The people who made it possible..and where I think they are now..
Steve Berger GM President/Nationwide Comm.
Chris Hood CE ???
Bob Savage PD  Owner WYSL, Rochester/Livonia
Jim Quinn  AM Drive Still on 97 (WRRK)`
Don Bombard PM drive WCBS-FM NY  (Bob Shannon)
Ray Zoller Evenings Evergreen Colorado
Don Geronimo  Evenings Syndicated Don and Mike Show
Don Cox PM Drive  ???
Elaine Lesnett Exec. Ass't  WTAE/WVRY (Or whatever)
Susie Spambauer Exec. Ass't ???
 Kelli Christian Overnights ???
Vicki Yaklevitch Overnights ???
Dave Gorman  WSHH PD Out West somewhere
Cathy Slaby Traffic ???
Susan Buchman Copy Hiding out in Illinois
Janice Seaman Traffic Last I knew worked for JDS.
Dick Yankus WSHH GM  Somewhere in Michigan
John Rohm Sales Geek GM WUBE AM/FM/WYGY/WBOB Cincy
Greg Stevens Overnights PD..Kansas City?
     I could write was a fun place. One of those  convergences of great people, interesting characters and a bunch of tough fighters.  Thanks  to Blake Lawrence for the nice comments ... truth is the FM's were (in 77) already into our shorts so far that we never could have survived.  Then we had nighttime interference from a station in Toronto..that was hurting us more.
     Glad to know,tho that even as a reincarnated WJAS, the station is still strong, and still cookin along."  . . .      Dave Mason  OM WKRC/WSAI/WCKY Cincinnati (3/12/98)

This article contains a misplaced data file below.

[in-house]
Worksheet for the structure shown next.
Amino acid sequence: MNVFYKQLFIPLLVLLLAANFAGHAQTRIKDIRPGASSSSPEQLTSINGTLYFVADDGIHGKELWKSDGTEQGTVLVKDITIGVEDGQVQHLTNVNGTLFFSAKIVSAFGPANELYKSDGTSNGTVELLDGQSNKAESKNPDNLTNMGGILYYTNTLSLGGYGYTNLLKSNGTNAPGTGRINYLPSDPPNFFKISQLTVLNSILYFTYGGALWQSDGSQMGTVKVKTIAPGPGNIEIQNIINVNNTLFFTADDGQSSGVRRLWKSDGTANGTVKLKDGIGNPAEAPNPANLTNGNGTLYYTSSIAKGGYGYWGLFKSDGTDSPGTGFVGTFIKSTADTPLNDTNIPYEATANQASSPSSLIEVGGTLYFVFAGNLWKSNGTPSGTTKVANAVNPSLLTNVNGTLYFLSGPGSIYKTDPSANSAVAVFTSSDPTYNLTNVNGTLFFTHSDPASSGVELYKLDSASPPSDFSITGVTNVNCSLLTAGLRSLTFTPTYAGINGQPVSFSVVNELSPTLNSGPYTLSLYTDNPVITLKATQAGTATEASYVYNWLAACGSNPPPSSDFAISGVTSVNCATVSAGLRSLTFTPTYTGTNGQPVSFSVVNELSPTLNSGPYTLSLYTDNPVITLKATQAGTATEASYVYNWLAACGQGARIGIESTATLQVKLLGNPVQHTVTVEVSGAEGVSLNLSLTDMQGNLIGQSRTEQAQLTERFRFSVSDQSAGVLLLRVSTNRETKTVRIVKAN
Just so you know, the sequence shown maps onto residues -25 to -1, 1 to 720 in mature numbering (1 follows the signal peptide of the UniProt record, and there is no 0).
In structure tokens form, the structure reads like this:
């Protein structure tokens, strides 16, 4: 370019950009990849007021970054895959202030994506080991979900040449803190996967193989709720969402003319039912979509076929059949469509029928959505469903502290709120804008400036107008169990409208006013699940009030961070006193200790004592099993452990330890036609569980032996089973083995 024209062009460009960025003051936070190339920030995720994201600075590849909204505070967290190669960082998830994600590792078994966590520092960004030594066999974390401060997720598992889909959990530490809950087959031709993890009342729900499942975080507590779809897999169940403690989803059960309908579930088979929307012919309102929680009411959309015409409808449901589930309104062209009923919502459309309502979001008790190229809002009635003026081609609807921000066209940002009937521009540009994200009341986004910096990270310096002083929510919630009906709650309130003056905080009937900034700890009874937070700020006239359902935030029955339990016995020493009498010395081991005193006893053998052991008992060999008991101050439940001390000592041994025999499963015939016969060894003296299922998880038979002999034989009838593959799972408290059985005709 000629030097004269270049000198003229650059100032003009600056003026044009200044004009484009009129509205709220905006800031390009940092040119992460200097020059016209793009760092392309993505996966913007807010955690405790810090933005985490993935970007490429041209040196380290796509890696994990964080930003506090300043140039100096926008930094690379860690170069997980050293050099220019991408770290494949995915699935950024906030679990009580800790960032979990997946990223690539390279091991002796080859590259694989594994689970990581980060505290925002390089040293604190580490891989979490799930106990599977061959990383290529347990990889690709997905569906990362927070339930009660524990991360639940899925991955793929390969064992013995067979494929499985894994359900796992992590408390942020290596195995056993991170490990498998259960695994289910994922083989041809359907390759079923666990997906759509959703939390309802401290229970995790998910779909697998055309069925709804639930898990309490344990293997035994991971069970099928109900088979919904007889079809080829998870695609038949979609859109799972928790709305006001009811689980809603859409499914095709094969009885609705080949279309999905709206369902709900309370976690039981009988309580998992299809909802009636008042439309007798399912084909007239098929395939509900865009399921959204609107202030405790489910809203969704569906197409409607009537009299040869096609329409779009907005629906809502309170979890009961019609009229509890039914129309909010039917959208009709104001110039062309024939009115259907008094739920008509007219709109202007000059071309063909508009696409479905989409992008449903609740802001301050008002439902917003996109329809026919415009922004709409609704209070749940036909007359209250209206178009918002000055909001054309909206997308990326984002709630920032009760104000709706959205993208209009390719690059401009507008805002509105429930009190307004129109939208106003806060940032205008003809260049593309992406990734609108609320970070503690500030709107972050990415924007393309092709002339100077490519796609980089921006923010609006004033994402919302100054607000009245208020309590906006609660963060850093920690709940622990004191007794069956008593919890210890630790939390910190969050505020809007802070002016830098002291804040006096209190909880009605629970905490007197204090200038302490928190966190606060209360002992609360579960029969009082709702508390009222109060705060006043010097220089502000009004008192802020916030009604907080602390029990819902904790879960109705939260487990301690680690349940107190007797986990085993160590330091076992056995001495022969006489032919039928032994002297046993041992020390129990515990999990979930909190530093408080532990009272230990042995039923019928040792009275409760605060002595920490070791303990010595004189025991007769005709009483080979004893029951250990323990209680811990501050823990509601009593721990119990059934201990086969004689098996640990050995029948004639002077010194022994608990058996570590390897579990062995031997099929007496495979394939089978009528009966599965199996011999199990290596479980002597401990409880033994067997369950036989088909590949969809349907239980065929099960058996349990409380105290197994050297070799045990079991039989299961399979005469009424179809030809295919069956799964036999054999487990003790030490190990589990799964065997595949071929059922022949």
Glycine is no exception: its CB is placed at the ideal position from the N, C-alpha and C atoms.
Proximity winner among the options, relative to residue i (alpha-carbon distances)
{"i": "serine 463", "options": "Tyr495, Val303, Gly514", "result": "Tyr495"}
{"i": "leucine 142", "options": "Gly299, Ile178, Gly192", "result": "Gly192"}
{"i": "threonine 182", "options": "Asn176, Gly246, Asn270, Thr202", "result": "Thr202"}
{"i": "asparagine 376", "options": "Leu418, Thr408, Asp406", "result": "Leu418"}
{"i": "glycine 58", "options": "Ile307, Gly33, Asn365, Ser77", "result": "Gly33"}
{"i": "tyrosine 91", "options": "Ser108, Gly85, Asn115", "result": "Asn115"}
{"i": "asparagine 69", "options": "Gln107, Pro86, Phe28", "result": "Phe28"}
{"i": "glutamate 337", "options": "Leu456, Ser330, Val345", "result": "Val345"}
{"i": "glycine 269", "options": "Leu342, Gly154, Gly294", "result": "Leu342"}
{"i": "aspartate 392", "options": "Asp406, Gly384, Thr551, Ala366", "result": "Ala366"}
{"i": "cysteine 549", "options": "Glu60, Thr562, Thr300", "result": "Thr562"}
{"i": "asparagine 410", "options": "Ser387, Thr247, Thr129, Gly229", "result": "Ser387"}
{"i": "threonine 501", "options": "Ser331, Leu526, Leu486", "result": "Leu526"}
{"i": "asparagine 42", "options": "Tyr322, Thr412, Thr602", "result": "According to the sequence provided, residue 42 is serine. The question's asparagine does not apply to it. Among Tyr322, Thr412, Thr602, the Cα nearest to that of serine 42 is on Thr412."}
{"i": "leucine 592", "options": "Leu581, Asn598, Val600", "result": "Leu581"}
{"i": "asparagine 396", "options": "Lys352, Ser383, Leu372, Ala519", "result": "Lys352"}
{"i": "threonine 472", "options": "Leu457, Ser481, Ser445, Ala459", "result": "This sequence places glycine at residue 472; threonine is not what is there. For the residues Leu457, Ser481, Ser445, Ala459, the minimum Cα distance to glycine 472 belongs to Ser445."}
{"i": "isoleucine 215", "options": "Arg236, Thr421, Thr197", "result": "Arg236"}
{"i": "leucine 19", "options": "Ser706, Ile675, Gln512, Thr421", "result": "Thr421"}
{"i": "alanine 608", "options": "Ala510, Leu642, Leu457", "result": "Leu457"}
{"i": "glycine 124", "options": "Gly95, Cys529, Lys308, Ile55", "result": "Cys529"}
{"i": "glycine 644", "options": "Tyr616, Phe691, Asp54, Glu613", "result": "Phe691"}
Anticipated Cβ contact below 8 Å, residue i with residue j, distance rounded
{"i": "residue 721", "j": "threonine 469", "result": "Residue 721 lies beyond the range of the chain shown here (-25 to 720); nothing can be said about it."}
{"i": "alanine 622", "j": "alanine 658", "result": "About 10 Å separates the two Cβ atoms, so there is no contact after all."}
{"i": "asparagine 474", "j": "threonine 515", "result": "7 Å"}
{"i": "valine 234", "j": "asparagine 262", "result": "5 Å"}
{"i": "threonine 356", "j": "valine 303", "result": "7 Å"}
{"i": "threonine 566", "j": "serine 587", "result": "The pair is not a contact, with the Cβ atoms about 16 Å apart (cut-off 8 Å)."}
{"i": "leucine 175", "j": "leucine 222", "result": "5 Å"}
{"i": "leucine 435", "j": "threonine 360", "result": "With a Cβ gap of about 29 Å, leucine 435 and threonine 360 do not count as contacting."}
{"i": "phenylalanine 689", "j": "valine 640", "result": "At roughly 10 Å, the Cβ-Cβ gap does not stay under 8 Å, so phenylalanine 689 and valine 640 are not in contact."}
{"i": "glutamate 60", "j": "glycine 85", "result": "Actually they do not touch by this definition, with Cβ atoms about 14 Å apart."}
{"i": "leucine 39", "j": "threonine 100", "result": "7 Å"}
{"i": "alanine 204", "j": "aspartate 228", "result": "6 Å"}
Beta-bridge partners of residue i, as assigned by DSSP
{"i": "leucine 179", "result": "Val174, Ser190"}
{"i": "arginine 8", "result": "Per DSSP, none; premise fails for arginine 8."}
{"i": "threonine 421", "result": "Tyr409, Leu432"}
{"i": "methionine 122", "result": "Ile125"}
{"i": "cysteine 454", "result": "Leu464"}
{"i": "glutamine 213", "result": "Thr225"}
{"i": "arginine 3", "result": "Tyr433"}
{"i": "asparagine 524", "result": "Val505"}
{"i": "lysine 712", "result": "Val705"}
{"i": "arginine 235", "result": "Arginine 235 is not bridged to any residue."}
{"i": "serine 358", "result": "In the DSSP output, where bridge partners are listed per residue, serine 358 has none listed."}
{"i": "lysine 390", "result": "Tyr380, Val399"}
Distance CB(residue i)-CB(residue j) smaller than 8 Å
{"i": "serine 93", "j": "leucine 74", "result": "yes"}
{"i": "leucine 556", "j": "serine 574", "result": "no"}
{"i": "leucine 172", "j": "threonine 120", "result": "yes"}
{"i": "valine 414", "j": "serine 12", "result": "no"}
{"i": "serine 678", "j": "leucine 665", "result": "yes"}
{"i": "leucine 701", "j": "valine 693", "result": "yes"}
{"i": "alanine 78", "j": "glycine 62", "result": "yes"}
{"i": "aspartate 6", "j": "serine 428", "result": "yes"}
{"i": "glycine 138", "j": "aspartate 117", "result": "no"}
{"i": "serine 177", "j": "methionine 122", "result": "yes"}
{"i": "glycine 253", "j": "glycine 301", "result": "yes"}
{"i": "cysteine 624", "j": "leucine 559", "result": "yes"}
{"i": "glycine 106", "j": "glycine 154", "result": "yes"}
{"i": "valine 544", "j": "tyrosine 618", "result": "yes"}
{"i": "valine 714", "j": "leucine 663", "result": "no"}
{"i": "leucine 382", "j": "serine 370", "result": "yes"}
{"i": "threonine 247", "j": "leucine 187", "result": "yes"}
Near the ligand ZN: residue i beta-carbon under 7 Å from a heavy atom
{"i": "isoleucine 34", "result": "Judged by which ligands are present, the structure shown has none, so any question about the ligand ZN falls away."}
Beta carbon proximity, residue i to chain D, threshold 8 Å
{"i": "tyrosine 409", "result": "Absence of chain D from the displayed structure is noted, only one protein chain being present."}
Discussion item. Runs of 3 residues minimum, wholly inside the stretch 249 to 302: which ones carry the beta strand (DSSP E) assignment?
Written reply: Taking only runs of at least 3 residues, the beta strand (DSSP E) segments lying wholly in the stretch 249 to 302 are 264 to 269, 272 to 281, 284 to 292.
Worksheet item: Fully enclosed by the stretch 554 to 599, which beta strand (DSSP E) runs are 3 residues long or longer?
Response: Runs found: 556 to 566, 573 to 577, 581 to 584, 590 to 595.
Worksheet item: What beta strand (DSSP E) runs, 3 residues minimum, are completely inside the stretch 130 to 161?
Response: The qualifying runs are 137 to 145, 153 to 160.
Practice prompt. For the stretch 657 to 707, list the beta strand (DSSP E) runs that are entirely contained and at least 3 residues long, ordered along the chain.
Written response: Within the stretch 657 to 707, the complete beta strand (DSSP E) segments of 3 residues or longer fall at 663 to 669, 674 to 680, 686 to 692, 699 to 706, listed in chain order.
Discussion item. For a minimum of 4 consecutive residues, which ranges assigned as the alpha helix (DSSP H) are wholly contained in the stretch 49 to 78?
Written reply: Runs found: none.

"Mark..don't know if we ever met, but you couldn't be more accurate.  After hearing the great stories about things like the "Funeral For A Friend" bit when the station moved from The Kossman Bldg. to Greentree ... the Cox banner contests, hearing the Jackson Armstrong Cash Call (Bootleg Top 40)..etc.  It was a real treat to go to work there.  All too soon we all realized that there were problems.  But we kept fighting to keep that baby spite of itself.  Good stuff. 
    Hello, and bless you for remembering one of the most special stations and airstaffs ever in one place at several times!  I was fortunate to briefly be a part of the insanity as an all-night jock in early 1977, and fondly recall the great people in Pittsburgh and the thrill of 13Q!  My air name in Pittsburgh was "Bob Gray", and following 13Q, I returned to Memphis as.  I am still on the air at Classic Hits station Star98. I look forward to hearing more from the staffers and listeners as they discover the site.         Thanks again ...  Rob Grayson